I have seen many young men and young women prisoners of the Indians come into Detroit. The Traders and a few of the Citizens would gather around them and try to buy them from the Indians. They could purchase them for tobacco and whiskey. They succeeded in buying all I ever saw except one. This was a tall young man about sixteen years of age. They would not let him go for anything. They kept him in place of one whom they had lost. Tears rolled down his face but it was all in vain. They seemed to feel sorry and think a great deal of him but were not willing to let him go.

In 1814, I saw a Man by the name of McMillan brought in from the commons, where he had been for his cows, with a hole through his breast and his scalp removed. (Nancy Howard Diary, MI Room, SCC library, P.H. MI).

Many of the older citizens had one or more slaves (Farmer 1884).

Pompey was a well-known property of James Abbott. Judge May had a faithful slave for 25 years to pay a debt owed by Granchin.

Joseph Campau was a large Trader and had 10 slaves. Crow was dressed in scarlet and performed gymnastic tricks. He was purchased at Montreal by Mr. Campau. He was a faithful slave for many years and married Patterson, also a slave. Mnlet was one of the most honest and faithful of all slaves. Mr. Campau employed him as a confidential clerk. He died at an advanced age, respected and esteemed, for his great integrity and fidelity. Tetro, a favorite of Major Campau, was faithful and honest as the day is long. Hector, a faithful and trustworthy slave, was in charge of the newspaper, The Oakland Chronicle, owned by Colonel Mack, General John R. Williams, and Major Campau. This paper merged into the Detroit Free Press.

Joseph Drouillard of Petite Cote gave two slaves to a daughter as a marriage portion.

Slaves were a chattel, possession or property. Several French families on both sides of the Strait had one or more. Slaves were generally liberated after some years or sold out of the territory. Indians said the French keep their slaves to death (Girardin 1872, Detroit Pioneer Society, Slavery in the Early 1800’s, Detroit, MI).

Most slave masters were very attached to their sambo (slave of African or mixed with Native American heritage) and required a great price to buy him (J.A. Girardin).

Both African and Native Americans were sold at auction. There were southern and northern markets. Sometimes they tore the clothes off women and girls (Metis History, Canadian History a Distinct Viewpoint. www). Young girls were traded.

The West Indian Company had a huge monopoly in slavery. 

Slaves were common. In Canadian history, there were 4,092 slaves; 2,692 were Indians and 1,400 were Blacks (Moore, History of MI).

In 1641, Massachusetts, Connecticut, and Virginia permit slavery of Indians, Whites, and Negroes.

Women and children were sold into slavery in the Caribbean.

Seasoning the slaves by taking away their identity breaking them to do what they are told gained a 52% higher profit. Jamaica was notorious. (African Holocaust).

Slaves were denied fundamental freedoms. There were Black Codes (laws restricting and suppressing freedoms and work in labor based on low wages or debt) to preserve slavery. The same tactics were used on Indian reservations.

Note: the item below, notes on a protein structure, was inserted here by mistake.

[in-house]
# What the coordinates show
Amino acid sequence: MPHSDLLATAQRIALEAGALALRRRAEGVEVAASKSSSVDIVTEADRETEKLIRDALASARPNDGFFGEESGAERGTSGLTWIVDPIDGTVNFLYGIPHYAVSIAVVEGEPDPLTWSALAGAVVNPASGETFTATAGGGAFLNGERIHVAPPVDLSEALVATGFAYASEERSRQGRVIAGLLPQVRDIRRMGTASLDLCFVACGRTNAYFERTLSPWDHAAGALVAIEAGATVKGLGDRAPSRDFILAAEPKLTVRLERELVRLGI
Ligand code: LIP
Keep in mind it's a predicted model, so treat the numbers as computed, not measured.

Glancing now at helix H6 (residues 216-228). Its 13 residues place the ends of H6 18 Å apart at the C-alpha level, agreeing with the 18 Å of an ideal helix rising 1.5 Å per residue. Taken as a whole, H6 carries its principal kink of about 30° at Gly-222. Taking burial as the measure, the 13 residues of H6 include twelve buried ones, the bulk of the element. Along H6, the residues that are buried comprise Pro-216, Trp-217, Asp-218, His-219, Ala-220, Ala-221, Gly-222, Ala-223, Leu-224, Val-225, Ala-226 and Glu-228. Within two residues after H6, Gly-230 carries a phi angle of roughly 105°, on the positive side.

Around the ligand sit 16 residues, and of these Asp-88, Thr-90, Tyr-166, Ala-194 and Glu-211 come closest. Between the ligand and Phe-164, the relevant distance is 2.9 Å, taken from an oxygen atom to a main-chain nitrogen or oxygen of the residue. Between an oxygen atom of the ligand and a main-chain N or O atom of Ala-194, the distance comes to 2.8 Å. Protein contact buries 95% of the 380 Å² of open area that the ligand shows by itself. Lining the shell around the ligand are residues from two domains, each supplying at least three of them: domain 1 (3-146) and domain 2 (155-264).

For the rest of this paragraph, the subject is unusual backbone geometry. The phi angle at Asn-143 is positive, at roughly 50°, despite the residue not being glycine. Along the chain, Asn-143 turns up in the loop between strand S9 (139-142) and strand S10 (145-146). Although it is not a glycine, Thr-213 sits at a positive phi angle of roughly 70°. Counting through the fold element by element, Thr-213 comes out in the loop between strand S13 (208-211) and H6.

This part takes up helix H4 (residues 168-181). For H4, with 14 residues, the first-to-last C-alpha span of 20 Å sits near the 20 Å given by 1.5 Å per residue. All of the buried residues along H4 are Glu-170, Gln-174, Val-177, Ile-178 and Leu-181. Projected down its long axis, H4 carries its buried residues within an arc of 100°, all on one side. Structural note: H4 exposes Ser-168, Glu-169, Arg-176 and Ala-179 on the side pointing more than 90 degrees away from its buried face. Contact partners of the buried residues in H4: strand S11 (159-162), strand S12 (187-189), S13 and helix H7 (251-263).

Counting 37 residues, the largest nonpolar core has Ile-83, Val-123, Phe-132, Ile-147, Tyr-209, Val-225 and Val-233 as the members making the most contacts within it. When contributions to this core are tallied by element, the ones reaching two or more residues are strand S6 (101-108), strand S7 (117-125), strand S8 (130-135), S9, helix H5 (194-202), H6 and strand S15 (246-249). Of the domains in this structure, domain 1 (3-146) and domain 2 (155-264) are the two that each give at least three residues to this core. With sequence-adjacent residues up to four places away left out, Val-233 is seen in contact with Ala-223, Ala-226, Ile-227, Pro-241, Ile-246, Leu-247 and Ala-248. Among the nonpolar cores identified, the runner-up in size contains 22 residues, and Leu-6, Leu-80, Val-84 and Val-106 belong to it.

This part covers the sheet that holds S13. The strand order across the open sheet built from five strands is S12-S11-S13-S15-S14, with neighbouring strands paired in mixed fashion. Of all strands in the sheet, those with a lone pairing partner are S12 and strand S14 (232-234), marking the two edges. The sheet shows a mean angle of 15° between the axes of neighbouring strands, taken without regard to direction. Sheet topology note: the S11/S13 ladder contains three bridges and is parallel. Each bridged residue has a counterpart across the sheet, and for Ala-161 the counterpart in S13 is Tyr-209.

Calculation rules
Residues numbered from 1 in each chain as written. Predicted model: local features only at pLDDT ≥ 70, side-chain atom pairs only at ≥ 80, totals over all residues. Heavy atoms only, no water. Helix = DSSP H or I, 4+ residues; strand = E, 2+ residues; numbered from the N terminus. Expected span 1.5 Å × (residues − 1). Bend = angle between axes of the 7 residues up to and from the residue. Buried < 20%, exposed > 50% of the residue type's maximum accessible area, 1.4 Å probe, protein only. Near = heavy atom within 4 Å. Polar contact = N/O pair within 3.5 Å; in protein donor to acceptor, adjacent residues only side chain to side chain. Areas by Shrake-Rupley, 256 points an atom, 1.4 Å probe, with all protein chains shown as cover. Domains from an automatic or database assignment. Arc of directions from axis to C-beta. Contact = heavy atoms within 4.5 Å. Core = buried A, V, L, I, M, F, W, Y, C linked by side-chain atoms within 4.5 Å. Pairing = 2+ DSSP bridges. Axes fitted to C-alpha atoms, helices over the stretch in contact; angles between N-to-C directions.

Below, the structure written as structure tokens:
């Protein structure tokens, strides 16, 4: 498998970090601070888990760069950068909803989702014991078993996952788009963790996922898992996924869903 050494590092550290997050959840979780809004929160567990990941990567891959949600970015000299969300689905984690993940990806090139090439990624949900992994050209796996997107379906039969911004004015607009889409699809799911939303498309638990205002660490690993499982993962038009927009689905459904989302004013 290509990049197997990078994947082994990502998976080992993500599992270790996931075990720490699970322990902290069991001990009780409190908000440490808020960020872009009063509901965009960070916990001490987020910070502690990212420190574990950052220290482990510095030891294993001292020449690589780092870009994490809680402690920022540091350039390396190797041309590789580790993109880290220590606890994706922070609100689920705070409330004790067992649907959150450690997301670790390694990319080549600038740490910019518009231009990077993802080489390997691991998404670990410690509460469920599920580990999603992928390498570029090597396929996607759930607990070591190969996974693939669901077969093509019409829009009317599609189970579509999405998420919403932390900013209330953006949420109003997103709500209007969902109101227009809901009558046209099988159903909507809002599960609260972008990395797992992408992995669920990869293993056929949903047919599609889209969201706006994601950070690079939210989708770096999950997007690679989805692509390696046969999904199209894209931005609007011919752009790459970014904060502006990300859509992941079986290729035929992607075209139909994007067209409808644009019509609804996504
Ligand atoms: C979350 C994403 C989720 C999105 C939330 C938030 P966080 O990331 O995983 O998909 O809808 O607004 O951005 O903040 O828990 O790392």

British slaves fled in 1684 to the Spanish Colony of La Florida, thousands flee for freedom and established St. Augustine, Florida.

The Florida Whites killed 200 Apalaches and sold more than 1,400 captives into slavery.

The Europeans’ law (was) “Might is Right” (Metis History, www).

The Church takes in slaves to convert. The Church slaves do not abandon their Holy Spirit God. The Black Robes beg the savages to abandon their Holy Spirit God (Metis History, www).

Indians took captives to adopt for replacing lost loved ones. They also kept slaves who were treated as family members. Children born to slaves were born free.

In 1719, the Louisiana Slave Trade came from Africa.       

Slavery began almost with the beginning of settlement. The Indians who gathered near the Fort brought with them captives taken in battle, and some of these were transferred to the French, some as gifts and some were bought in trade. In 1760, there were both Indian and African slaves in Detroit. Most of the slaves were from the Pawnee tribe, a few from the Osage, Choctaw, and other Western tribes who had been captured in war and sold to the French and English residents. The Indians made excellent servants and commanded good prices. At the time of the capitulation, it was stipulated that the French inhabitants should keep their Negroes, but they were to restore those belonging to the English (Farmer 1884).

In 1780, Negro slaves were brought to Montreal by the Indians and sold. They were valuable; there were many Negro slaves in Canada. The Indians also had many Panis or Pawnee slaves. There were also White slaves (The Slave in Canada, Journal of Negro History, 1920).

The Catholic Church was said to be the largest slaveholders in New France. The French kept their slaves until death.

Far from the oppressive life they were forced to live, keeping them uneducated, very poor, and abused in many ways. And the stereotypes perpetrated on the race. Many Blacks were skilled workers when they were brought into slavery by the British and Americans. This is why they were captured, to do the trade work of silversmithing and growing plants.

In 1775, the British Court ruled that slaves could not be held in the United Kingdom. Fearing the ruling would apply to the American colonies, the ruling government in the south got behind the north in the revolution to leave British aggression (Liberty Law Site, www).

In 1773, there were 96 slaves at the settlement along the Detroit. In 1782, there were 179 slaves along the Detroit.